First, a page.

There are many indications of this fear, he says.  Putin has repressed nationalist groups far more harshly than he has liberal ones, even though the Kremlin’s moves against the latter have attracted more attention. Moreover, for political reasons, Putin has less to fear from the liberals than from the nationalists.

            “The slogans of the liberals find a response mainly among residents of the major cities, the so-called ‘creative class.’ The social base of the nationalist opposition is much wider,” and it affects many who have been on Putin’s side.

            According to Strelets, “part of the nationalists last year supported Putin’s actions in Crimea and the Donbas, but now they are experiencing great dissatisfaction [with the Kremlin leader] because of what they see as Putin’s ‘betrayal of the Russians of the Donbas” by not annexing them as it had the population of Crimea.

            If Putin were to choose that path, he would have to destroy “more than a hundred various organizations and informal unions” in Russia which have emerged to support the insurgents in the Donbas – and he would come into conflict with military and security organizations that are heavily interlinked with these groups.

            Moreover, were he to do that, Strelets says, he would, using the words of Yego Prosvirin, “quickly be transformed” into a traitor to the Russian cause and “’an agent of the State Department.’” Indeed, arguments of that kind are already to be found on Russian social networks, Strelets says.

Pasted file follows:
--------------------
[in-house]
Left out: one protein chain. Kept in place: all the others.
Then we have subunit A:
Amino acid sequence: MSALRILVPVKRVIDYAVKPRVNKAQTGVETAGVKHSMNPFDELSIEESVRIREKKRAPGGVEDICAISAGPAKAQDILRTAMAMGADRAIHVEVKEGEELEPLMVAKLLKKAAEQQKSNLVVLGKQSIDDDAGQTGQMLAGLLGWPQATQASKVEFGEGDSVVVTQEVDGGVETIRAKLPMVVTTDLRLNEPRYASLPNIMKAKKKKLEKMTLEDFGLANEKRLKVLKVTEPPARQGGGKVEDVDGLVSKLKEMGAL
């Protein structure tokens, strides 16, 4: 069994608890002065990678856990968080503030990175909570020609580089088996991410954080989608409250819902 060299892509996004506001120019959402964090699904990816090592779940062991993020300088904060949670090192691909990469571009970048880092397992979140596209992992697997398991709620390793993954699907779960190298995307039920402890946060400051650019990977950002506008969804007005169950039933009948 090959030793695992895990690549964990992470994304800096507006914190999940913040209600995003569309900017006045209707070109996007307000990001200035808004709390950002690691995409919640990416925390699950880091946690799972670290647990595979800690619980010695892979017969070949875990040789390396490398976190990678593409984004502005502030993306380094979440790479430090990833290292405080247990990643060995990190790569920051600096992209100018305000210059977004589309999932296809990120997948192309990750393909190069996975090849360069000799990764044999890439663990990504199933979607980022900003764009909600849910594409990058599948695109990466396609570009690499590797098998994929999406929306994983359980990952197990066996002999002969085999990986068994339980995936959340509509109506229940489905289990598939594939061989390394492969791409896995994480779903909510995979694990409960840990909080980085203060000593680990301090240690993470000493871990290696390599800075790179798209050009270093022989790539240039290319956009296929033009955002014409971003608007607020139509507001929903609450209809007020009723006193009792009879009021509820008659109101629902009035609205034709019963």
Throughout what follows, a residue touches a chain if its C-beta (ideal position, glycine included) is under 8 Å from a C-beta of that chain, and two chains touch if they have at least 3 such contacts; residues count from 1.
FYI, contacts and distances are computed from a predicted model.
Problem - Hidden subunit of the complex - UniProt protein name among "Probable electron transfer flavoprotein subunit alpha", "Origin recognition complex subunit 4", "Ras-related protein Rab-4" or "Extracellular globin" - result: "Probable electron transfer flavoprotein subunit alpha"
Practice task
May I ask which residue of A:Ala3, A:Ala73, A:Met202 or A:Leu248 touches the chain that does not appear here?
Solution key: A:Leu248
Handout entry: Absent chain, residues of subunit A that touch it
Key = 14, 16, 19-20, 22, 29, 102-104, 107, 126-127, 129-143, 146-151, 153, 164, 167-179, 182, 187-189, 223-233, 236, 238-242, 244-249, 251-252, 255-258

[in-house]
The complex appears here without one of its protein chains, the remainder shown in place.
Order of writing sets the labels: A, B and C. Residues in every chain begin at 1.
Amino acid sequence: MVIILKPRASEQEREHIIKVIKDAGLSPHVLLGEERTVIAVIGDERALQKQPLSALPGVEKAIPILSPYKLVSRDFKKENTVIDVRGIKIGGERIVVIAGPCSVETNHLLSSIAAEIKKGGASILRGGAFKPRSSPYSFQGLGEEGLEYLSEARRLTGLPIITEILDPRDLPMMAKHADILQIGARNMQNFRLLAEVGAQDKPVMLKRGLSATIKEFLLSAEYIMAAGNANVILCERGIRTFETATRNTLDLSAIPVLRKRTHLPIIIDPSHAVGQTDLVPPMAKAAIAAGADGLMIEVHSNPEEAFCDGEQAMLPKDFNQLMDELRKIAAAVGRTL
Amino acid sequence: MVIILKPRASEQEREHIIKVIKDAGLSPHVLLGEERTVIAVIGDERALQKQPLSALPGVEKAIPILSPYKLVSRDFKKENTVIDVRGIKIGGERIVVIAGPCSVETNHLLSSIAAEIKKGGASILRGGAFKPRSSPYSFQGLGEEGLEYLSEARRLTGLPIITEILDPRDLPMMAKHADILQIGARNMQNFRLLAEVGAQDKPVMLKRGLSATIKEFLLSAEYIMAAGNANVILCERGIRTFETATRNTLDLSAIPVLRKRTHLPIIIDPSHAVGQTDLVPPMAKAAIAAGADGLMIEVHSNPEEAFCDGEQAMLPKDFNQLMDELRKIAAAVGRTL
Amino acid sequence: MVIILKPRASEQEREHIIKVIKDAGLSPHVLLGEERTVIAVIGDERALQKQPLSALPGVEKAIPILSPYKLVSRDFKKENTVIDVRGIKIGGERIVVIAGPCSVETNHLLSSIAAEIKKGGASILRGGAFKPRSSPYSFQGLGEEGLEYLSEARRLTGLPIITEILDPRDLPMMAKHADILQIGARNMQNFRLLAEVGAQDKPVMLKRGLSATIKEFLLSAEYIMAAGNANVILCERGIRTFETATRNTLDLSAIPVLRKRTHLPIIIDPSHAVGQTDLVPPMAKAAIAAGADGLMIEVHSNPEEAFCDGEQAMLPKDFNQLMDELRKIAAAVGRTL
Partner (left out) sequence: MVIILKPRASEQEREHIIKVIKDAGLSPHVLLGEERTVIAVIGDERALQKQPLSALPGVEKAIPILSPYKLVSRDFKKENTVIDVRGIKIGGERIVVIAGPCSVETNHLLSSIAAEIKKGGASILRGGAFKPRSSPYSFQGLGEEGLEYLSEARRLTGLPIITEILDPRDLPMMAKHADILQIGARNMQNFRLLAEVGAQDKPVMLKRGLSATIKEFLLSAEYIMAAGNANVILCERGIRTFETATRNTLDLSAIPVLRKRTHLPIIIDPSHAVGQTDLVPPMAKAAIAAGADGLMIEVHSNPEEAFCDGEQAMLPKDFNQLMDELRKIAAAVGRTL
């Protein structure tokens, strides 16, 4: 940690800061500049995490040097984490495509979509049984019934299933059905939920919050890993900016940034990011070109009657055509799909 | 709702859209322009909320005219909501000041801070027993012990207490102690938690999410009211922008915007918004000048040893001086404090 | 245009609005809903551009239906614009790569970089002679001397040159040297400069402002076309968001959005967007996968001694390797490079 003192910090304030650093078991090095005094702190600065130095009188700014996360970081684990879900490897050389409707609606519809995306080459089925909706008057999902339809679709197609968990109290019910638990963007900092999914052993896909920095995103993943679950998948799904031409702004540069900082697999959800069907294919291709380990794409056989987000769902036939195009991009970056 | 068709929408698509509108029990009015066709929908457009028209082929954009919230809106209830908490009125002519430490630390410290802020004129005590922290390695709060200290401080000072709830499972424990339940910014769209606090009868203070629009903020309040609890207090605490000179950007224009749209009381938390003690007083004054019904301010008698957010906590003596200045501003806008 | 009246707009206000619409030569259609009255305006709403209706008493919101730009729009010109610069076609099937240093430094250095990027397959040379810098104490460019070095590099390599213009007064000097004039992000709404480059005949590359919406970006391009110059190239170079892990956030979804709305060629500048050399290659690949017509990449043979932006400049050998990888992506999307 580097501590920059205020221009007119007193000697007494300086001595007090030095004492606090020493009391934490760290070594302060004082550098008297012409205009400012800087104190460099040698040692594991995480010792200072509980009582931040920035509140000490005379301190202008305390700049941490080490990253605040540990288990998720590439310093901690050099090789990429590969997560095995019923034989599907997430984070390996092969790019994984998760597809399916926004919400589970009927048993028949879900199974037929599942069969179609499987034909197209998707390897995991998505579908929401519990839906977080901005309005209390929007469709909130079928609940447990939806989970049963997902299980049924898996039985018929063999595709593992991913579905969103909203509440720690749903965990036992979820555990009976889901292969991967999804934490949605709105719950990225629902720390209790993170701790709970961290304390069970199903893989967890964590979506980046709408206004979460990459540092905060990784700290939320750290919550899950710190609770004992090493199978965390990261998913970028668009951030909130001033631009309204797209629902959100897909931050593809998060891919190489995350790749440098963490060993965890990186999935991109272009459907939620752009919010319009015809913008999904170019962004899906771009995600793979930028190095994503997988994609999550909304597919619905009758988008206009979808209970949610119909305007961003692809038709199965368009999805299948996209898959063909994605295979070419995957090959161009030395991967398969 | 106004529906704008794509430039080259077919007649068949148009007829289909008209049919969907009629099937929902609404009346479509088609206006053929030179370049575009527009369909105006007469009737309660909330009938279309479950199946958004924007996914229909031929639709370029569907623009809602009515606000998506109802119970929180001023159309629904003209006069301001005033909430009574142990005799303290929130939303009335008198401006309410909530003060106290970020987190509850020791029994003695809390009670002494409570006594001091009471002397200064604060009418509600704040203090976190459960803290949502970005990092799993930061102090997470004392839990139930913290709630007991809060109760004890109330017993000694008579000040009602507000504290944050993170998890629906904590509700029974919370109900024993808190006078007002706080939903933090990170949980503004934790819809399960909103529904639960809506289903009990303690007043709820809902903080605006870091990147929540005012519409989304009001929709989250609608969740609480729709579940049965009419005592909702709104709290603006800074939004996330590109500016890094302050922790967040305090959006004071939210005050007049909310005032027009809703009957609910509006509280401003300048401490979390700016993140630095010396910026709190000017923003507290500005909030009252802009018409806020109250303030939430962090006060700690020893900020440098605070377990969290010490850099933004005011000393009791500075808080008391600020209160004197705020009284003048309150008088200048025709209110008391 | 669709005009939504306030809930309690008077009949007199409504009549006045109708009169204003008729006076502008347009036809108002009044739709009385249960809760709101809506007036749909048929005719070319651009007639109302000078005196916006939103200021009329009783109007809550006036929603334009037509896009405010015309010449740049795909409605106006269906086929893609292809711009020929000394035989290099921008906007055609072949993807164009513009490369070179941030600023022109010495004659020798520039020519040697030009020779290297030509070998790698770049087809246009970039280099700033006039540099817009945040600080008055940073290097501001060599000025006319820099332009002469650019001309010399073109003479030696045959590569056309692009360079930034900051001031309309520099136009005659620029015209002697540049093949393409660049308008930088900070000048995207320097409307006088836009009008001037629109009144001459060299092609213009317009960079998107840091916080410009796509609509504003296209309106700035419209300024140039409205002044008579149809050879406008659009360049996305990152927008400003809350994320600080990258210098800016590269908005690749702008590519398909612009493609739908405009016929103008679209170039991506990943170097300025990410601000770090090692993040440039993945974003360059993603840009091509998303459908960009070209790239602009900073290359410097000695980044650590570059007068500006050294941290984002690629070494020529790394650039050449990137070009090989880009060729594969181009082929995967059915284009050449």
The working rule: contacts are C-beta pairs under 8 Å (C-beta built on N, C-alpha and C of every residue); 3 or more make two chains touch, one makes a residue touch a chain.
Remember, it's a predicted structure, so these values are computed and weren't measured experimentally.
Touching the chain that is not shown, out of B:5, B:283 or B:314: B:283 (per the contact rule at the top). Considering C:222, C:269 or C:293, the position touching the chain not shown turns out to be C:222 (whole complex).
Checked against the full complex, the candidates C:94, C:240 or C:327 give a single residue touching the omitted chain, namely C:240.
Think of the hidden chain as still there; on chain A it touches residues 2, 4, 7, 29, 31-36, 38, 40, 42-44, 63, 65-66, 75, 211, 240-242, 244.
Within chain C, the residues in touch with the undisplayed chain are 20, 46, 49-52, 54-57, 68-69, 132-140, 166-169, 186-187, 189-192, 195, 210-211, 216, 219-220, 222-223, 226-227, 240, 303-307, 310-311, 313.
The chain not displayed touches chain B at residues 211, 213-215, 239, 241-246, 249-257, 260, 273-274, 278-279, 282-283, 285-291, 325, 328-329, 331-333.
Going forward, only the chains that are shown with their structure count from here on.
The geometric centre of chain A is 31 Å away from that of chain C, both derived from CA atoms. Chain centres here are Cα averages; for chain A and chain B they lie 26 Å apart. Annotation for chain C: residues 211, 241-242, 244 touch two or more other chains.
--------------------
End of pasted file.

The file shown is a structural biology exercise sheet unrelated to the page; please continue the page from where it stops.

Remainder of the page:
But there is more to this Russian nationalist resistance than that, he continues. He points to the SOVA report which found that some Russian nationalists “have gone underground and are actively involved in militant training. (On that, see ‘A Calm Before the Storm?’ – Russia’s Radical Right Refocusing on ‘Fifth Column,’ SOVA Says,” March 25, 2015 at

            For most of the last year, Kremlin propagandists have put out the line that “Russia ‘needs not the Donbas alone but all of Ukraine,’” that Putin has “’a clever plan’” to achieve that, and that those who want more than has happened so far should be patient and wait for events.

            But Russian nationalist radicals are hardly prepared to wait forever, Strelets says. They are demanding evidence that Moscow is moving forward on their agenda.  Those around people like Girkin have thus “presented Putin with an ultimatum which he cannot fail to respond to,” the Ukrainian analyst continues.

            In order to counter that threat without creating more problems for himself, Strelets says, Putin is now taking steps to give “the appearance of ‘the annexation of the Donbas.’” But whether that will be enough for his Russian nationalist critics is far from clear. One thing is certain: if he follows their urgings, he will pay a very heavy price.